Last week I travelled to New York City to witness my daughter receiving her master’s degree from New York University. The night before the ceremony, the majestic Empire State Building was all lit up with purple and white lights, NYU’s colors.
We walked to the university campus and grounds surrounding the university. We sat in the park and we discussed the upcoming graduation, what a journey it has been and what might be next. I felt great pride that my daughter would receive her master’s degree from such a fine university and in her last semester of college finishing with a 4.0 grade point average.
The day of the graduation, people arrived in taxi cabs, limousines, bicycles and on foot. Parents snapped pictures around the cascading water fountain in front of Lincoln Center where the graduation would take place. The graduates kept arriving in their dark purple gowns and formed little purple pods across Lincoln Centers ‘grounds.
Classmates found each other for final hugs and final goodbyes. The day included many tears and much laughter and many profound and heartfelt words from professors, alumni and students.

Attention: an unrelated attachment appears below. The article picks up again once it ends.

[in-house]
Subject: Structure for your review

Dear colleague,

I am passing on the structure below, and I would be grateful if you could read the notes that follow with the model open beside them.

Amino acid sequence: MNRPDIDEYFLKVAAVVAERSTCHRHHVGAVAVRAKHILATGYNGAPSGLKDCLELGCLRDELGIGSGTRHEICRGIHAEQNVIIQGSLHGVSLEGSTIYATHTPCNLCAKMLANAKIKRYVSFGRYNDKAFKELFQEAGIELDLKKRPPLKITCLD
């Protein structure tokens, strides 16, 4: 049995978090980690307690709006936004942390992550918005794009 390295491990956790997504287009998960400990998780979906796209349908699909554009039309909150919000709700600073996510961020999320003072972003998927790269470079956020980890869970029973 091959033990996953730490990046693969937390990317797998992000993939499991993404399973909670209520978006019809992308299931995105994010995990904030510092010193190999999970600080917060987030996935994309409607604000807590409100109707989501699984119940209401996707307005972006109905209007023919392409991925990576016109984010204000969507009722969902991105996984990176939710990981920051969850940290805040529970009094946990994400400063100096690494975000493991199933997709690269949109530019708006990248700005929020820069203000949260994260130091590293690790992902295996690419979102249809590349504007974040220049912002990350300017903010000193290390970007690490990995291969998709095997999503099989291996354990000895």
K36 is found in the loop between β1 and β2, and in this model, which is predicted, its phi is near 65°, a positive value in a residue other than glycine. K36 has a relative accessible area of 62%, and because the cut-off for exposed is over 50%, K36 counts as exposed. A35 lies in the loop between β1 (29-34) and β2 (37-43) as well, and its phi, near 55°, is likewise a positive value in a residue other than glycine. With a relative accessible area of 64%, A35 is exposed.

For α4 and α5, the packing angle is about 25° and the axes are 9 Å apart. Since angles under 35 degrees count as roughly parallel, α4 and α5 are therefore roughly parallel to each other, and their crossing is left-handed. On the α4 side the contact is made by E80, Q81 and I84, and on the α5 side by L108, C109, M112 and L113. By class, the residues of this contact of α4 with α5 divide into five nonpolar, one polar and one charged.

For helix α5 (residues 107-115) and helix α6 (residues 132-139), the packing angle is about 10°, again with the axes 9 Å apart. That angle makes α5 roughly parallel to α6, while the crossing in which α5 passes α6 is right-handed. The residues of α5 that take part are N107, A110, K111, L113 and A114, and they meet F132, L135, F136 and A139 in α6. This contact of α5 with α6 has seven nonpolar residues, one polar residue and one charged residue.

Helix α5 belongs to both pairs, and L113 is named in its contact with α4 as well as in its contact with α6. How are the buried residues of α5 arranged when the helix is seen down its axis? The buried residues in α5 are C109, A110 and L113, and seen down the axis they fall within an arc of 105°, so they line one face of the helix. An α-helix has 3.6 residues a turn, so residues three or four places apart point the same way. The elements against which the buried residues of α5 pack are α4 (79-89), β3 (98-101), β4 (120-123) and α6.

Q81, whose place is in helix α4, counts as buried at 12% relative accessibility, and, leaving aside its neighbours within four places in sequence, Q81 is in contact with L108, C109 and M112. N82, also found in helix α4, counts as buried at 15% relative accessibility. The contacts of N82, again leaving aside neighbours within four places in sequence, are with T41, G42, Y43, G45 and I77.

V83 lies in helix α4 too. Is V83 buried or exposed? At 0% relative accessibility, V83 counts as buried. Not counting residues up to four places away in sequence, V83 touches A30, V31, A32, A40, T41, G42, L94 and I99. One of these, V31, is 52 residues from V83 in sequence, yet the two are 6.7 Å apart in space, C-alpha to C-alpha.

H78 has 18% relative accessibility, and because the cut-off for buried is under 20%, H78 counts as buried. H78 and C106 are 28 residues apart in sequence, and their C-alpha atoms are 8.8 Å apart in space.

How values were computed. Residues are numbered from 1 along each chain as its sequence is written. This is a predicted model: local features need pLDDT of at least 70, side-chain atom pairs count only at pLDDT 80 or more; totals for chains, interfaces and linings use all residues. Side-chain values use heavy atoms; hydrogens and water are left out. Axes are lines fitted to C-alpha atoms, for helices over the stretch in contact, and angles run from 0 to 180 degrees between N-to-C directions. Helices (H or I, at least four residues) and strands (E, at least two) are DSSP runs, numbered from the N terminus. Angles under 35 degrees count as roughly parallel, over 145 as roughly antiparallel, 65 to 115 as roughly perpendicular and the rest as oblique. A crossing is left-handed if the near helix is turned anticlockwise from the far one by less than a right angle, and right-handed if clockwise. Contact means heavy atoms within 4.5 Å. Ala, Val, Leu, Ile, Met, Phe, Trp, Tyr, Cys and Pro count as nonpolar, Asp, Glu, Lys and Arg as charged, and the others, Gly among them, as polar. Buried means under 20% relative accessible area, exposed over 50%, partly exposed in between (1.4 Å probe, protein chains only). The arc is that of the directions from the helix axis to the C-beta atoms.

As I jostled about on the subway trip back, I considered the six years that my daughter, our family, has committed to arriving at this day. I can still remember her first day of school, her new clothes and new backpack, her expectant smile and her eagerness to have it all begin.
My daughter, like most people who are successful, have enjoyed the support and wisdom of many helping and teaching adults and classmates along the way. There have been many fine teachers within the school community and also those on the outside of school. I recalled some of those very special people, a Girl Scout leader who did amazing and inspiring things, like scuba diving in a pool that was sixty feet deep or snow camping during winter.